Crescent Kashmir

‘Didn’t control the last 12 balls’ – MI coach Edwards

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Mumbai Indians head coach Charlotte Edwards believes that her side lost the Eliminator in “the last 12 balls” and not controlling that period of play cost them a spot in the final of the Women’s Premier League.

“We have seen on this pitch that you need to stay in there. We’d have taken 135 at the start of the game with the short boundary on that side. I felt for the 38 overs of the game we controlled it, we just didn’t control the last 12 balls of the game and ultimately that cost us a finals’ spot,” Edwards said.

“We will have to go away and look at… got to give credit to RCB because they fought back and never gave up. The game is won or lost by small margins sometimes; if Harman hits that for six it is our game. Unfortunately, it was not to be tonight. It’s bitterly disappointing, and harder for the players. They are going to relive those moments for a number of years. I am just disappointed because we played well. We responded well from the other day and played good cricket for 38 overs and probably let ourselves down in 12 balls.”

Addressing concerns about the lower-order batting, Edwards said, “They have all had opportunities throughout the season. Sajana opened the batting the other day. So they are not short of batting practice. They have all had some time out in the middle. That is not the reason we lost today. Again, we didn’t play the final 12 balls as well as we should have. I am proud of the team, we fought back pretty well with the ball and were in control with the bat. Game of small margins and unfortunately we have missed out.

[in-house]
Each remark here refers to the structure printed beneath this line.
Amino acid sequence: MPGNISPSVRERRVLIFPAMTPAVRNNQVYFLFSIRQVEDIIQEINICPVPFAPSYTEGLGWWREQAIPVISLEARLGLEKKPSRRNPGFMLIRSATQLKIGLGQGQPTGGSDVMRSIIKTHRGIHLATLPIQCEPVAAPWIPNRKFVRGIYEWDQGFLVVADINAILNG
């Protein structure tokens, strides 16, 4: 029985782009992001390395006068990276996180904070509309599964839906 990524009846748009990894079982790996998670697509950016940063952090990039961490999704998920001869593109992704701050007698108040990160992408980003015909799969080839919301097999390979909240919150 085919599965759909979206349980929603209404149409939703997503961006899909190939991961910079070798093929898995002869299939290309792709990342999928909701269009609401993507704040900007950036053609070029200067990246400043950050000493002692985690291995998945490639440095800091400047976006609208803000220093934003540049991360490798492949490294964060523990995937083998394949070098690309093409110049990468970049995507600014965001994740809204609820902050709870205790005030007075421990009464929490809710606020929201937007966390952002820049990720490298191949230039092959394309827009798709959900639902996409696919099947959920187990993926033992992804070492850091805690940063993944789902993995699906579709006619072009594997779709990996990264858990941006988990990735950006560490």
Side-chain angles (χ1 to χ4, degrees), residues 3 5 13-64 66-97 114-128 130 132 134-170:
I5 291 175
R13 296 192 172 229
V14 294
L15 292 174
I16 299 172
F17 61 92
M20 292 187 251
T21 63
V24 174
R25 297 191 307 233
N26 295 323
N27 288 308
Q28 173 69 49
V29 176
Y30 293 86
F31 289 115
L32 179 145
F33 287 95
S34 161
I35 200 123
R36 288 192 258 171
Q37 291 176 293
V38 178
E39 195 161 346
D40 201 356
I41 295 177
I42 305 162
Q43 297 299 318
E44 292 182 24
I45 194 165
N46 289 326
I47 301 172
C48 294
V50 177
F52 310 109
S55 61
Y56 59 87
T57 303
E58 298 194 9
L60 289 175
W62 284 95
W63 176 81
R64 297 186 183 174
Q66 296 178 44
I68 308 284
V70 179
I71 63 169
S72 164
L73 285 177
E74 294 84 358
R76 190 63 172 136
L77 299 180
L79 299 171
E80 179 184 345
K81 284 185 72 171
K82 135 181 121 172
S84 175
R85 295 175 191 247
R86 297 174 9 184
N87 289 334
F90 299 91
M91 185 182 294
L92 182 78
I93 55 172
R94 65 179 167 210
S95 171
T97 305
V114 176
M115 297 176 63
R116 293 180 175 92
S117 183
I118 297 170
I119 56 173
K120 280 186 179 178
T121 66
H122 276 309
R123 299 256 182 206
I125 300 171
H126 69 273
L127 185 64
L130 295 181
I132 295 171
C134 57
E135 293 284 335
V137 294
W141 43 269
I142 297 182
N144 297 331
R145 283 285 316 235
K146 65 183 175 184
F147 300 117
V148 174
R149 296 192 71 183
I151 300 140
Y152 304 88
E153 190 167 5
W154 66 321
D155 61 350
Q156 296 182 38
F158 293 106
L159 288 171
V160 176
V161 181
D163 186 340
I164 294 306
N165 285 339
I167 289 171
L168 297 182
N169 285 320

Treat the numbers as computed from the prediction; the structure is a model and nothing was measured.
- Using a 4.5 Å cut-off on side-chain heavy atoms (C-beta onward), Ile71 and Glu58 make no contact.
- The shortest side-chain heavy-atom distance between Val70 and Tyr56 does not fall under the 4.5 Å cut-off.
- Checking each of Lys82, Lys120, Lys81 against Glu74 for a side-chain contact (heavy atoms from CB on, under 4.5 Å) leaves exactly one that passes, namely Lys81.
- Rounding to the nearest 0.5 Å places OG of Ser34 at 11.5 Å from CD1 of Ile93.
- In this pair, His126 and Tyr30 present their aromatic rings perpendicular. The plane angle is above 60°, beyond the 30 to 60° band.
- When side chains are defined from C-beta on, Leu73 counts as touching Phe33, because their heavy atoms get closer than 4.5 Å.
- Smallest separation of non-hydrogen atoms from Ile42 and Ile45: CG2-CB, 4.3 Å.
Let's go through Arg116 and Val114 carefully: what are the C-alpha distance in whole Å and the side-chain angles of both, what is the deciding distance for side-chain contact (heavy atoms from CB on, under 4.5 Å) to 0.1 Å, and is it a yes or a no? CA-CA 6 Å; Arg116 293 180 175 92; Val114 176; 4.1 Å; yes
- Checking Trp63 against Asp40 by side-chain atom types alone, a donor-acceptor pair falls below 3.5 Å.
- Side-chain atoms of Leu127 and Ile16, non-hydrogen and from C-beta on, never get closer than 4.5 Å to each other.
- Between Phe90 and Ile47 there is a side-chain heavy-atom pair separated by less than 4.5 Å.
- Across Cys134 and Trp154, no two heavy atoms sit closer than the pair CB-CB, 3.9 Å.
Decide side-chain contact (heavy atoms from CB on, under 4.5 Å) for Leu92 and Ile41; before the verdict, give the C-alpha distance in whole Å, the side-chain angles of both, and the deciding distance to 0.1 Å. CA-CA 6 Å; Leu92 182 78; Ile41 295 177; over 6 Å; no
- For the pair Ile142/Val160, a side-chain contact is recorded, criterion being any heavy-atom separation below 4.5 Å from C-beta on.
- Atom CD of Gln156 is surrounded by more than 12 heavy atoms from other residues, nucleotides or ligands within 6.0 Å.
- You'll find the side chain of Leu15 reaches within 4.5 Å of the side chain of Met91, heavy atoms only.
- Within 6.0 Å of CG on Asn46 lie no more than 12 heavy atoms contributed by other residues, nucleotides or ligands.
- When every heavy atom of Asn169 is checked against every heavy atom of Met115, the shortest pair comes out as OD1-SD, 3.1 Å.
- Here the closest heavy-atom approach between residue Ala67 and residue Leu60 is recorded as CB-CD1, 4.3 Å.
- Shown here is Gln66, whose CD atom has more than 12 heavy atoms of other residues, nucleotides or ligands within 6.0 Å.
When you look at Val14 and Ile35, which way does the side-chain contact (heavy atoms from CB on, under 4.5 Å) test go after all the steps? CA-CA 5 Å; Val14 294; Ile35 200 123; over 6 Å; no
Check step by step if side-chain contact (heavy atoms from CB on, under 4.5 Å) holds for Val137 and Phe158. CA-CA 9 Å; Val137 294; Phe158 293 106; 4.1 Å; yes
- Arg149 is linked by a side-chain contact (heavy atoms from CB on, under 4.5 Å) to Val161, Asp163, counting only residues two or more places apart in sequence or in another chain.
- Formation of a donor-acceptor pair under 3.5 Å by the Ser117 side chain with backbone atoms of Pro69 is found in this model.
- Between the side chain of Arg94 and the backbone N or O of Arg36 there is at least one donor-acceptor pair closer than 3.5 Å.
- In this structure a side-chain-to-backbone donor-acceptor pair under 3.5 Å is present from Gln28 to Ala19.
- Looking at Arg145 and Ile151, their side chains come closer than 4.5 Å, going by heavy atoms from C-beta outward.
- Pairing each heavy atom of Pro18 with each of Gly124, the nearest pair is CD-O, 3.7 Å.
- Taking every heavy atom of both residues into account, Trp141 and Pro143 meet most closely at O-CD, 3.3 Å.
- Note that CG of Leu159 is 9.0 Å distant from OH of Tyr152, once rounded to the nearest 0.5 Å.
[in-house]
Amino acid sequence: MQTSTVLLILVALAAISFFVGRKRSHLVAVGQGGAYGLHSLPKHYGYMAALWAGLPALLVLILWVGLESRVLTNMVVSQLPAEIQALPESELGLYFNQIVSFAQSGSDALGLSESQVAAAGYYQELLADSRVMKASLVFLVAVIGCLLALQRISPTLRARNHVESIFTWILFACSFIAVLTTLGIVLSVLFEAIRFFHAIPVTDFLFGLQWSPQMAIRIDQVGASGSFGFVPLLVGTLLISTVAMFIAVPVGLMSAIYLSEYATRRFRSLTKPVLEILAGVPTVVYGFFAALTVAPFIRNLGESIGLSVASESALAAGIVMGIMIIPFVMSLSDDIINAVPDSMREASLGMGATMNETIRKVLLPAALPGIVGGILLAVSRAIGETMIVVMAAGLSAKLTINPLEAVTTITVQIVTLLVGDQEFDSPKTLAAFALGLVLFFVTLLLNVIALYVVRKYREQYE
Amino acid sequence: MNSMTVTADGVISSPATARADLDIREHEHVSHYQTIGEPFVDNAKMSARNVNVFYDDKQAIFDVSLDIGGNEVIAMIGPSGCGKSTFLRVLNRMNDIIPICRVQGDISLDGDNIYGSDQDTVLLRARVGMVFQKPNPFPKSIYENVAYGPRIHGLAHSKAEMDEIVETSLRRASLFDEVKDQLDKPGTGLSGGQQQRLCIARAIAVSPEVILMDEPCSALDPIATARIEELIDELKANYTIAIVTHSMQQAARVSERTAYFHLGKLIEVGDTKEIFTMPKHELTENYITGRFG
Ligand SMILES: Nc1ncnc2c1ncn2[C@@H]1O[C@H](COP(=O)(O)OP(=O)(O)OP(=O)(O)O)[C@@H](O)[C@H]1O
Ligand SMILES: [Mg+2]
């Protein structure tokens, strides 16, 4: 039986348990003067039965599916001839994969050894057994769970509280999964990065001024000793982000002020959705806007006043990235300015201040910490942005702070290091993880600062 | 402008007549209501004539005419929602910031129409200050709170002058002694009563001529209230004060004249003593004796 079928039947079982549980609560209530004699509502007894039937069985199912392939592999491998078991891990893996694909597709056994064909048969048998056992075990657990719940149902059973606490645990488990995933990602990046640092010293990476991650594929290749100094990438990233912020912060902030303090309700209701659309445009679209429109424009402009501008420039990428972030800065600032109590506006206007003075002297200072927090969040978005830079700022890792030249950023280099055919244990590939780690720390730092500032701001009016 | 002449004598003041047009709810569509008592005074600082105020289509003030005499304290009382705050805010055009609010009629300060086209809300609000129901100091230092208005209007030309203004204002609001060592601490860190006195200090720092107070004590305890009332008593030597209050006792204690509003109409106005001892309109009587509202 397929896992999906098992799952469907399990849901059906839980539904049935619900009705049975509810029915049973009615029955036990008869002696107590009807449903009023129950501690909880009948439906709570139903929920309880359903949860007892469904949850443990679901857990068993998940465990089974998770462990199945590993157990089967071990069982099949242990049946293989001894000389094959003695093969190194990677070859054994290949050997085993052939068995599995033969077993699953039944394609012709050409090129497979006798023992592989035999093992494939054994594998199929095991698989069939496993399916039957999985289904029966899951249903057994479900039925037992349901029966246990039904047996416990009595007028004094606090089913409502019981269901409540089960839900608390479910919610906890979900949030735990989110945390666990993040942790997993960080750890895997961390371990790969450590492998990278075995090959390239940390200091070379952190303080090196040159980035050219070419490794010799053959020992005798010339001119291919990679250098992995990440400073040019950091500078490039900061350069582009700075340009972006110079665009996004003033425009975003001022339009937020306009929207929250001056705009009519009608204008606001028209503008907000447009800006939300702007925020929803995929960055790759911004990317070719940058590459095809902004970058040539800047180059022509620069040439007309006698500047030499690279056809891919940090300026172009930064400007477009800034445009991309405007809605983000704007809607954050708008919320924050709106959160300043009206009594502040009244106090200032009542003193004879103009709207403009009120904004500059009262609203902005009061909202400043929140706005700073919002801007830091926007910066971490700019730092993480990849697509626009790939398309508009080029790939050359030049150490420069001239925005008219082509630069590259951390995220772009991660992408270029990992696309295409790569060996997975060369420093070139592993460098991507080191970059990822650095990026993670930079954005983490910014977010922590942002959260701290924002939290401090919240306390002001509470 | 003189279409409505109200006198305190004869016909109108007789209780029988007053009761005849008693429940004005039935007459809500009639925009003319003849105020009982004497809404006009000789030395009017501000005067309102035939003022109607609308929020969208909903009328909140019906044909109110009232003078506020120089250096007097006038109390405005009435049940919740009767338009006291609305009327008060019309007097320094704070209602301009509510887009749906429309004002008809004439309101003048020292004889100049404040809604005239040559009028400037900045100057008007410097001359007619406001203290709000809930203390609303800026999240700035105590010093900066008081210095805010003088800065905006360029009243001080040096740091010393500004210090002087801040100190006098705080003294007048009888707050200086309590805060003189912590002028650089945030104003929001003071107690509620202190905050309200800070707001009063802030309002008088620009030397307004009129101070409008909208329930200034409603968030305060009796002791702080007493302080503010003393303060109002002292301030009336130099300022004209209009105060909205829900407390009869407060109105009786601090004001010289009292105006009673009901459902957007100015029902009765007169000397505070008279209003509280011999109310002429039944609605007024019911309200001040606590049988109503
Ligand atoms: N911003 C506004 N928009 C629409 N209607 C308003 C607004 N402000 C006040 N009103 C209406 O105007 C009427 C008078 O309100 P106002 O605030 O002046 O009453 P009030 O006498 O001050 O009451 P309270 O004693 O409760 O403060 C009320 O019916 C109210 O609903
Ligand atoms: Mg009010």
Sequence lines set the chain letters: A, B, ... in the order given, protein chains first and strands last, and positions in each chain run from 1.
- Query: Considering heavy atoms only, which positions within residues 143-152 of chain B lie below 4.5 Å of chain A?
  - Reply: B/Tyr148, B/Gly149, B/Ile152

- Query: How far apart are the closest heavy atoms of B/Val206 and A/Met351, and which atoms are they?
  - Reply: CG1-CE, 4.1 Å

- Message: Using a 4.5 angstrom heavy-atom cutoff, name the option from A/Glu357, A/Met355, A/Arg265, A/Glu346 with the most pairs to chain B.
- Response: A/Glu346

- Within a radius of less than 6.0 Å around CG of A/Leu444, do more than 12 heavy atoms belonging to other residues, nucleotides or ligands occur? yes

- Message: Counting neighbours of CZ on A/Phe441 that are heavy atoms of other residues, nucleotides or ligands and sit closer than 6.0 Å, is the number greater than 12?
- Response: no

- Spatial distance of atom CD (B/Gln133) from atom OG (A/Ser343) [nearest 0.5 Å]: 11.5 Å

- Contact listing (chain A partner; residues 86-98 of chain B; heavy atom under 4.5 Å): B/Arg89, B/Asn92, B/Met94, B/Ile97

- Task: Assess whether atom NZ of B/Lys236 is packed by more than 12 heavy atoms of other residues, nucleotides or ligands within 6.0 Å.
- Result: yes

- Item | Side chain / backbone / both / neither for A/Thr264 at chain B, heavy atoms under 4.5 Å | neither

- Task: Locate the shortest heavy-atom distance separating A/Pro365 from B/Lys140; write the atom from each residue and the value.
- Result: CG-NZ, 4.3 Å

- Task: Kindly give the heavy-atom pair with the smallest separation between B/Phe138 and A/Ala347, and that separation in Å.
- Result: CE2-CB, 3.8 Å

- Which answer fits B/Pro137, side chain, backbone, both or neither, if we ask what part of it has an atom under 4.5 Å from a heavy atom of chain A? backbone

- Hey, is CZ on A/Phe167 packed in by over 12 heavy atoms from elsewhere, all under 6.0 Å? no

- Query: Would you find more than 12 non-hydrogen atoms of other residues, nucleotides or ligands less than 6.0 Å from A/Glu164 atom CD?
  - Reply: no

“For some of these players, we quite quickly forget that somelike like Sajana has only played domestic cricket. This is the biggest stage these players play on. This is the WPL semi-final. Pressure does take a toll, and that’s why you want your top players there at the end of the game. It was not to be today. The players will be better for this experience but it is not easy because we have lost a game we should have won. The players in the dressing room are hurting now but will definitely learn from this and be stronger.”

Edwards reckoned that “Harman’s wicket” was the turning point of the closely-contested match.

“You could see the lift it gave the RCB. Equally we would back Harman to take that shot on. If it goes for six, we need 12 in the last two and we are in the driver’s seat. I thought it had gone for six when she had hit it. Small margins, we can pick and poke a lot of situations from the game today, but ultimately, we were in control and we let it slip.

“You’ve just got to back the player to do what they think is the best in that situation. Who am I to tell Harmanpreet Kaur what’s the right thing to do when she has performed the way she has in this tournament. At that point that’s her shot, that’s her strength. If she hits that six, we’d be sitting on our seats…dd but still with 16 needed off two overs, we should still win that game. It was a pivotal moment in the game.”

Describing Harman’s demeanour post the loss, Edwards said, “She is very calm. She is very quiet. She doesn’t say too much. But when she does speak it is very much worth listening to. That’s why I love working with her. She is very good around the players and is very sad that our tournament has ended today the way it has. You can kind of cope with it when you have not played very well. But I think we played well today, we put a lot of things right from the other day. But it wasn’t quite good enough, and that’s the end of our tournament.”

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